André Davis is a man on a mission—not just a mission to serve but to make a real difference. The day job entails business-development chores for Built Interior Construction, but when he’s off the clock, he’s deep into tasks for regional non-profits. Among those are board roles with Big Brothers Big Sisters of Kansas City, PrepKC, and the Kansas City Tomorrow Alumni Association. History of engagement covers nearly a dozen roles with various organizations. That service and what he learned in a 16-year stint in publications marketing, connecting with Kansas City’s executive community, has shown him that decades of talk about improving diversity haven’t come close to moving the needle. In pondering ways he could help change that, he drew on experiences attending corporate functions, including some where suburban youth, usually white, were recognized for community service. “And I thought, ‘Why would they be working like this when they could be playing?’” he says. “That sat on me.” It would inform his own goals with youth-oriented board service, promoting the need for similar engagement among minority youth. For Davis, it’s about action, not talk, but when he does talk with influential figures in KC, the message is direct. “When I show up, I show up as André,” he says. “I’ve learned that you can be authentic,” even if that means looking power brokers square in the eye and pointing out the lack of diversity in their organizations. When he does, he says, the result is usually positive. “I was often in rooms where no one looked like me,” he says. “People who look like me, black or brown, we get into the room, we often have to bring our own table and chair. But we have to operate as our authentic selves, not shrink away because of the environment, own whom you are, and say, ‘If that’s not enough, I don’t need to be in the room.’ I found that many of those executives leaned in and wanted to know more about my experience.” Until someone finds a way to pack more than 24 hours in a day, there are limits to his own service, so Davis serves an evangelical role promoting minority board membership and drawing on extensive contacts to help steer that talent into meaningful service roles. “I try to introduce people who can help solve problems to organizations that need the help,” he says. “It really is that simple. Just a simple email to some folks, then step out and let them take it from there. I’m wired to bring people together. I tell younger professionals to get involved and serve for the purpose of serving,” Davis says. “There are so many opportunities that open up when you serve as a servant-leader.”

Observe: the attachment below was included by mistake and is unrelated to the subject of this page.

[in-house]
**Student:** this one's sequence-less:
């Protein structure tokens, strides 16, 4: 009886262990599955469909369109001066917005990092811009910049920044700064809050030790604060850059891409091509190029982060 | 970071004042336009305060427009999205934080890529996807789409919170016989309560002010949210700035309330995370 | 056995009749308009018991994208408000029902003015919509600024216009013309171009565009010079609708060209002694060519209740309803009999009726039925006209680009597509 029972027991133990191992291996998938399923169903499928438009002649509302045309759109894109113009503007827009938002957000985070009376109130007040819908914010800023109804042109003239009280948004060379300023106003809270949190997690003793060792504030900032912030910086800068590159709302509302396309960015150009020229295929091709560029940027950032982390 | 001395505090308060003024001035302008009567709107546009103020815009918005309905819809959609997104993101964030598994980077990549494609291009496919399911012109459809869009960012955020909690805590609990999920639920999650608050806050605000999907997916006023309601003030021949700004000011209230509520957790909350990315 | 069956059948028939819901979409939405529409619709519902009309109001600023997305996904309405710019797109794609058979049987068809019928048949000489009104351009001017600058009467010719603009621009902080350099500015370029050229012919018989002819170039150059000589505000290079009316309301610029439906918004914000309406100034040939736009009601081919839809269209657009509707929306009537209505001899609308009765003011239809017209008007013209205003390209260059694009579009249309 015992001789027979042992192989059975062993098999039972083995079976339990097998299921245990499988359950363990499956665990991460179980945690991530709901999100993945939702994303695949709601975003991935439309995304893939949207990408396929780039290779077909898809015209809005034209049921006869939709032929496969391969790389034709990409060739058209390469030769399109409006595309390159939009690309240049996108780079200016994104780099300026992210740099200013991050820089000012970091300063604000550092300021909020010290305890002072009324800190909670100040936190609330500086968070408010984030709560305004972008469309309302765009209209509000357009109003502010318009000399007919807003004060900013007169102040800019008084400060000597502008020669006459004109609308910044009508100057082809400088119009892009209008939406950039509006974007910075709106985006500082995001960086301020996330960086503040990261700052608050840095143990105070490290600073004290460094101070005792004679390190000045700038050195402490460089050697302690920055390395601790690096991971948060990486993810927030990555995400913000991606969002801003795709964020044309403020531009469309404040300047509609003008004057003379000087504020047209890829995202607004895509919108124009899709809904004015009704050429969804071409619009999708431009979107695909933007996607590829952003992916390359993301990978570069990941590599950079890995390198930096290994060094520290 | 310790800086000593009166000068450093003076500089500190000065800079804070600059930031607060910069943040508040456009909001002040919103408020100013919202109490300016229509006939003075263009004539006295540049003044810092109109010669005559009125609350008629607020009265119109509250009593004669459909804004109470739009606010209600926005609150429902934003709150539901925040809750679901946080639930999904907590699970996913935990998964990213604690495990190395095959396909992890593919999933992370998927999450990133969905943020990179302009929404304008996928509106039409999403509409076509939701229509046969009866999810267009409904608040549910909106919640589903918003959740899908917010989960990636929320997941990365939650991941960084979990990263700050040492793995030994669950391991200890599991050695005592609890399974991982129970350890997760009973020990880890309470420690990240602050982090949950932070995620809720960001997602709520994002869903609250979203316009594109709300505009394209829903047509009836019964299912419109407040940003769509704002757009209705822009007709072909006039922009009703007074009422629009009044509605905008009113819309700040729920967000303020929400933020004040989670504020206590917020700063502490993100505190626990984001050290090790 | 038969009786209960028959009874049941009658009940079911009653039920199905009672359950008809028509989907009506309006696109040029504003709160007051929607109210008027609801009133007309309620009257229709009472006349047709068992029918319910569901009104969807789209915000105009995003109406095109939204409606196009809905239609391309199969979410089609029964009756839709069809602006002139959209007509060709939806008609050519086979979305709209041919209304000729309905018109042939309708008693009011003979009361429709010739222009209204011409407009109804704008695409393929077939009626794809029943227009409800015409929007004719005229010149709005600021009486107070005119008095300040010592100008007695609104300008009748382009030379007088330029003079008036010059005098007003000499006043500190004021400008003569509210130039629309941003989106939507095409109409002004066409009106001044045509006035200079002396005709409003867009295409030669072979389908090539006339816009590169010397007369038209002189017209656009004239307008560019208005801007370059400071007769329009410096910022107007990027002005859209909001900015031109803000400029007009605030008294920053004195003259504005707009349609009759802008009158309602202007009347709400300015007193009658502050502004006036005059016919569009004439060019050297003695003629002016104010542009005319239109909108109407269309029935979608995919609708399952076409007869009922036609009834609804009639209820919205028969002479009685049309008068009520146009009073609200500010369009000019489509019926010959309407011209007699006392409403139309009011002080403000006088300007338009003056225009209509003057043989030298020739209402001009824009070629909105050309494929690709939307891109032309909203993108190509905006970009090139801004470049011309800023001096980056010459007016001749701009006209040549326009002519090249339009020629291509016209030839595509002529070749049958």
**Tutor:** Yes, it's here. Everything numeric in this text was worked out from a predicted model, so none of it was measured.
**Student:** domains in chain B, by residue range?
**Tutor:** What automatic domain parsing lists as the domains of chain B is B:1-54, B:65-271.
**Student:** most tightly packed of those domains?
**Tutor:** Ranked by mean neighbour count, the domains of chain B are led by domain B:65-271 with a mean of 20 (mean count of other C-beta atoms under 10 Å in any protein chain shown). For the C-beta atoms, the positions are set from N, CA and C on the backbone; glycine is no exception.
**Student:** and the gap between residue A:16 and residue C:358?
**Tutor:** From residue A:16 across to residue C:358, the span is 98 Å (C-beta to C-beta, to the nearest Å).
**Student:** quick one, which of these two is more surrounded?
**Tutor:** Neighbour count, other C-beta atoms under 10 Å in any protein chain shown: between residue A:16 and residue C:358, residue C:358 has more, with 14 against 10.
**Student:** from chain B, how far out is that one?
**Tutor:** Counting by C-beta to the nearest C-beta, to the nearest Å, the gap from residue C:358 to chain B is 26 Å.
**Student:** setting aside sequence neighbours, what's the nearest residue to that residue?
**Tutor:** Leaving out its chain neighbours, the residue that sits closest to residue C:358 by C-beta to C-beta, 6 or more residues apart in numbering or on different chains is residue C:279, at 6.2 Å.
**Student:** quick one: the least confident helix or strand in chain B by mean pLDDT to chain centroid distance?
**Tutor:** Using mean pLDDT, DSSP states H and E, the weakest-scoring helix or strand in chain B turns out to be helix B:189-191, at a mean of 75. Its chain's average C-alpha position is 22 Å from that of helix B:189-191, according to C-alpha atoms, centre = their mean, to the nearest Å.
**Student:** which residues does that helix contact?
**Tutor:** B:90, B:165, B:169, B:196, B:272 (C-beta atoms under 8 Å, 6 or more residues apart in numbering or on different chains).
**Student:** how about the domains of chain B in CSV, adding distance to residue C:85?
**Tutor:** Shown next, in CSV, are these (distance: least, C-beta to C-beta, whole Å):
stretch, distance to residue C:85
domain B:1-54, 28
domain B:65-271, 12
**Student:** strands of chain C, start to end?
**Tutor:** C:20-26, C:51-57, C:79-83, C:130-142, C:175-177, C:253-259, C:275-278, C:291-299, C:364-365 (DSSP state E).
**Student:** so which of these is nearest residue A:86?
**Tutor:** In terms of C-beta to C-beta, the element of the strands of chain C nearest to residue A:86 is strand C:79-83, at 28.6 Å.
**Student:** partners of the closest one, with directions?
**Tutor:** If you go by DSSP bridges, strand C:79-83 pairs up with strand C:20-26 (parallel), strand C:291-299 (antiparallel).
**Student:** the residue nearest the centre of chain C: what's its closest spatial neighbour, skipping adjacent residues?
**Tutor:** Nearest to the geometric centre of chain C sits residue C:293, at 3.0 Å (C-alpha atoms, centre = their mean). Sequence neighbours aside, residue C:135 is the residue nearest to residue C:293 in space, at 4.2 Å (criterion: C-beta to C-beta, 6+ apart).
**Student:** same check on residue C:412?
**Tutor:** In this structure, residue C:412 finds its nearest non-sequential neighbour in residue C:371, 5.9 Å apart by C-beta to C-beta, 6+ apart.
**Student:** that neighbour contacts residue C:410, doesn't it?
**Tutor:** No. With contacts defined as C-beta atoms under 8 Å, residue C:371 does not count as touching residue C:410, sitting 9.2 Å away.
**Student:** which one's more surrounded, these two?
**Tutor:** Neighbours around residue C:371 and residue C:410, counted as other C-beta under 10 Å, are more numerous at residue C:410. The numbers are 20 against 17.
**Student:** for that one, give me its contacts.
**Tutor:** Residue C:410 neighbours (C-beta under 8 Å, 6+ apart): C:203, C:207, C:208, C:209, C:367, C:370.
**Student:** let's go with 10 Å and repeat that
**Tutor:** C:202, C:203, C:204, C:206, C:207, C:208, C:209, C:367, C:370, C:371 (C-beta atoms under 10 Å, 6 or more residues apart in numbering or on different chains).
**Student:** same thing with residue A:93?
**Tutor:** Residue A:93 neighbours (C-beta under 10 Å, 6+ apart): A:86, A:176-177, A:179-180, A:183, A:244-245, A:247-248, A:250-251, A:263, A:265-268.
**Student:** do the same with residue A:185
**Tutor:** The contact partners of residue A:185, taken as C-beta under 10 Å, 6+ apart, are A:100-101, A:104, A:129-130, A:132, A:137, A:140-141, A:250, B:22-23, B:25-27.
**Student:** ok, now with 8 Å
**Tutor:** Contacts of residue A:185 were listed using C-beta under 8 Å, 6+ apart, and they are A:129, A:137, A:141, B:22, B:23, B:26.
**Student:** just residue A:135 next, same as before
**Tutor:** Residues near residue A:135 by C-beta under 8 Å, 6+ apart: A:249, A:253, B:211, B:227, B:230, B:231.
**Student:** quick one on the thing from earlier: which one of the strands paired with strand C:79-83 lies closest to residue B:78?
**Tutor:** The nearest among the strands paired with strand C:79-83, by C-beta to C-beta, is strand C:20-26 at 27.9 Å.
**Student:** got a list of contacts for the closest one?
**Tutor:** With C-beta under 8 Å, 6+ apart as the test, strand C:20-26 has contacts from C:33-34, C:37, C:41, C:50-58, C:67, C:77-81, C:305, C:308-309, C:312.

Lisa Gioia